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About This Volume

Published: May 31, 2006
On This Page

Introduction to Volume 4 Introduction to Volume 4
Layout of the Guide: Volume 4 Layout of the Guide: Volume 4
Organization of Content Organization of Content
Resources Resources

Introduction to Volume 4

Volume 1 of the UNIX Custom Application Migration Guide discussed how to apply the Envisioning and Planning Phases of the Microsoft® Solutions Framework (MSF) Process Model when conducting a UNIX to Microsoft Windows® migration project. This volume, Volume 4: Migrate Using .NET, applies the next phases in the Process Model—the Developing Phase and the Stabilizing Phase—and directs it specifically for using Microsoft .NET. This volume describes the architectural and potential coding differences between the UNIX and Windows environments using .NET and discusses various ways to implement these differences in the Windows environment using .NET. This volume addresses these potential coding differences by looking at the solution from various categories. These categories are:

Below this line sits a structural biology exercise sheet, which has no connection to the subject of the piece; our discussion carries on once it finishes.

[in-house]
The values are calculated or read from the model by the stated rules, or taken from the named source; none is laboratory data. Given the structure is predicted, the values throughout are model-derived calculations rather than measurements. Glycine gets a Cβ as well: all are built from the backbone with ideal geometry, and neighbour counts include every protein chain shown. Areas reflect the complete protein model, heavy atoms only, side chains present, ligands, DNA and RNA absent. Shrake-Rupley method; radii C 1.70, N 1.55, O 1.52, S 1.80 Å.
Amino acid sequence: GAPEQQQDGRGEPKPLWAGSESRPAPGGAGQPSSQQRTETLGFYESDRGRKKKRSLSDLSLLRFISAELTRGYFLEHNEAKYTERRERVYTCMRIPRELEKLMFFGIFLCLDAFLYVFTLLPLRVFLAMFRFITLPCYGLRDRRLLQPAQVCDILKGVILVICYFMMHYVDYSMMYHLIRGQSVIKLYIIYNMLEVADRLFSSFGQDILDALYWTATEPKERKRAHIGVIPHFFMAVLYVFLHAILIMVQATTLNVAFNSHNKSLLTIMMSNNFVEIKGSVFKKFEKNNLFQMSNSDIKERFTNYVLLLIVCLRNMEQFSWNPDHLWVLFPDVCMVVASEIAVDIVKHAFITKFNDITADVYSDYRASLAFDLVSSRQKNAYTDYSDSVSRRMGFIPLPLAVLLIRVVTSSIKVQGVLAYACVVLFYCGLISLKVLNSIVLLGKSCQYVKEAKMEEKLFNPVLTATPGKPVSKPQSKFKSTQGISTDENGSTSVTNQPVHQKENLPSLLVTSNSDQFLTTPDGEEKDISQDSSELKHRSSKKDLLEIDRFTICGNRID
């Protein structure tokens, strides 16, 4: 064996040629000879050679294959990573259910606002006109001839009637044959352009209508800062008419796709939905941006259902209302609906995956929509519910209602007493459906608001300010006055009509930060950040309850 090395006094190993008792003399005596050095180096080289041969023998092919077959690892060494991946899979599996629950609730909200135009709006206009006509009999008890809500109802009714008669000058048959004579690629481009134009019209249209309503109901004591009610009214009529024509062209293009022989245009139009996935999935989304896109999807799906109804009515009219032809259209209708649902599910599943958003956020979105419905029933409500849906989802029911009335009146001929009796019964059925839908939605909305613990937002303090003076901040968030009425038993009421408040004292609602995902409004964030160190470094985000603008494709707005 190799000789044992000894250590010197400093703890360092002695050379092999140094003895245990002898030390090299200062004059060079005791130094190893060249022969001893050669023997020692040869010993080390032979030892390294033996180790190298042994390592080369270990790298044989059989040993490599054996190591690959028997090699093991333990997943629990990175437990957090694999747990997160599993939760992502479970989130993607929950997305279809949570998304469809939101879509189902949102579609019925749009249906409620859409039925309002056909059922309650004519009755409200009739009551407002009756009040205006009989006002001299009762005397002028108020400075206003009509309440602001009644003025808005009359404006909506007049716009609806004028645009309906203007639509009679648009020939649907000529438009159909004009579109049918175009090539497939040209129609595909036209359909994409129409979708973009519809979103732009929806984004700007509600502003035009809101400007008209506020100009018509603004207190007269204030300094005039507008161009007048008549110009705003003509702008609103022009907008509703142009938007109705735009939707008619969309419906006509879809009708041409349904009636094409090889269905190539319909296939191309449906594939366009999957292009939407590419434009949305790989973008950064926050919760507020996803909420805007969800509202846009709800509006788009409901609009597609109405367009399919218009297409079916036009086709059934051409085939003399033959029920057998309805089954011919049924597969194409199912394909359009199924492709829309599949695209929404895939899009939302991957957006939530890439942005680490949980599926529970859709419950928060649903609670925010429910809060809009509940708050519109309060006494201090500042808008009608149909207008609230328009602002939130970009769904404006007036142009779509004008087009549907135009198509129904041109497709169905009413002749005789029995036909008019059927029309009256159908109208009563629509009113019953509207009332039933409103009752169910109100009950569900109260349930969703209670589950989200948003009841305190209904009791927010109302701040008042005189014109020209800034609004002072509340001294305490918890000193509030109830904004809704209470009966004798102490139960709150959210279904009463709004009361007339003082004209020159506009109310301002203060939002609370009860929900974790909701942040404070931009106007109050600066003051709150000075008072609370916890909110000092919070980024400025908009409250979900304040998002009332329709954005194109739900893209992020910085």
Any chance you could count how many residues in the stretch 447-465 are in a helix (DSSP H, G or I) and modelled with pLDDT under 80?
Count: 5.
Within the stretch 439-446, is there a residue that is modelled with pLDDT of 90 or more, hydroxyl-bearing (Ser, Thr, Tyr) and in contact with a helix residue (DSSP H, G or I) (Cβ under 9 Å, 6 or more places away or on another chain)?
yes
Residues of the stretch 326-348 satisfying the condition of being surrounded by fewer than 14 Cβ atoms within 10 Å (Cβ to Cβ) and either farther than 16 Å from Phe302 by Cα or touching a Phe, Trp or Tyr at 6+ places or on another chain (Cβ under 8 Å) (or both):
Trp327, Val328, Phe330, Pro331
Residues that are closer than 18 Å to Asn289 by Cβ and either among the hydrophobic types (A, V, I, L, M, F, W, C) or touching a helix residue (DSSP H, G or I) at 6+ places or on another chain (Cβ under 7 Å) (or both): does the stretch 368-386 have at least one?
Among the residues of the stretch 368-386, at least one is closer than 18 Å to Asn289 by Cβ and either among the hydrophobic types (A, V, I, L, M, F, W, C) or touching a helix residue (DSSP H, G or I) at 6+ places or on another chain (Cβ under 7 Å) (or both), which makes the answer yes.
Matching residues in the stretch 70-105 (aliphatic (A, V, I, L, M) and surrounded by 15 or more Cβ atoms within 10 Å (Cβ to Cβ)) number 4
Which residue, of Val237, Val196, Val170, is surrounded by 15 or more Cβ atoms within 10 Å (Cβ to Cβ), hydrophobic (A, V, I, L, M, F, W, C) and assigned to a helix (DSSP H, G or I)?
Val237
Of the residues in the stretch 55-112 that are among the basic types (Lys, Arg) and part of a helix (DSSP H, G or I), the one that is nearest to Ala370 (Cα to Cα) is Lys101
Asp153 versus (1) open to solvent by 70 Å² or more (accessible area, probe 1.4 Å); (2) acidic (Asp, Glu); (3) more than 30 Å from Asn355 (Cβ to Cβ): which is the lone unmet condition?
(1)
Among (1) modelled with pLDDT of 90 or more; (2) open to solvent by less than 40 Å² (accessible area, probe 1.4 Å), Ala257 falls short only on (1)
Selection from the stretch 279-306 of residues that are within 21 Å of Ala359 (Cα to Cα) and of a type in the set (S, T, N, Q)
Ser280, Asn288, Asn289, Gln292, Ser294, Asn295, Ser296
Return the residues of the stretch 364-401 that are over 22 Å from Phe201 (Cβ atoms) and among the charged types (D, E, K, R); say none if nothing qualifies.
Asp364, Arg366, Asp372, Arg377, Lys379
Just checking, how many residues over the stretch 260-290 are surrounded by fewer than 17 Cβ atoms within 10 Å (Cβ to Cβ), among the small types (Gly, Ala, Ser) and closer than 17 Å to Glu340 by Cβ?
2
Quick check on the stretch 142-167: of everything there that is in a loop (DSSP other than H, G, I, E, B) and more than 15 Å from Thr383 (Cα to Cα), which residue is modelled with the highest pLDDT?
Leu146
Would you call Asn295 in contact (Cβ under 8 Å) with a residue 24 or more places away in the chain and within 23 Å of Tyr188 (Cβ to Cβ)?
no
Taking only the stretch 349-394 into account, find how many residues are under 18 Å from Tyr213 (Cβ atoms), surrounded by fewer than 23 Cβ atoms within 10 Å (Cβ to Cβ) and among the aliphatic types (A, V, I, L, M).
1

• .NET interoperability.

  • Process management.

  • Thread management.

  • Memory management.

  • File management.

  • Infrastructure services.

  • User interface migration.

  • Deployment considerations and testing activities.

  • Stabilizing Phase activities.

For each of these categories, this volume:

  • Describes the implementation on the .NET environment.

  • Outlines options for converting the code using .NET.

  • Illustrates the options with source code examples.

This information helps you in choosing the solution that is appropriate to your application. Sufficient code examples and references are provided in this volume to aid you in the migration process. You can also refer to the .NET Framework and .NET class library documentation to obtain more details on .NET.

This volume considers Microsoft Visual Studio® .NET 2003 as the integrated development environment (IDE) for developing .NET applications. Although newer technologies exist, the guide is based on best practices developed by partners and customers. As new practices establish, they will be incorporated into future releases of the guide. These latest technologies and their features are briefly described in the “Roadmap for Future Migrations” section of Chapter 2, “Operations” of Volume 5: Deploy and Operate of this guide.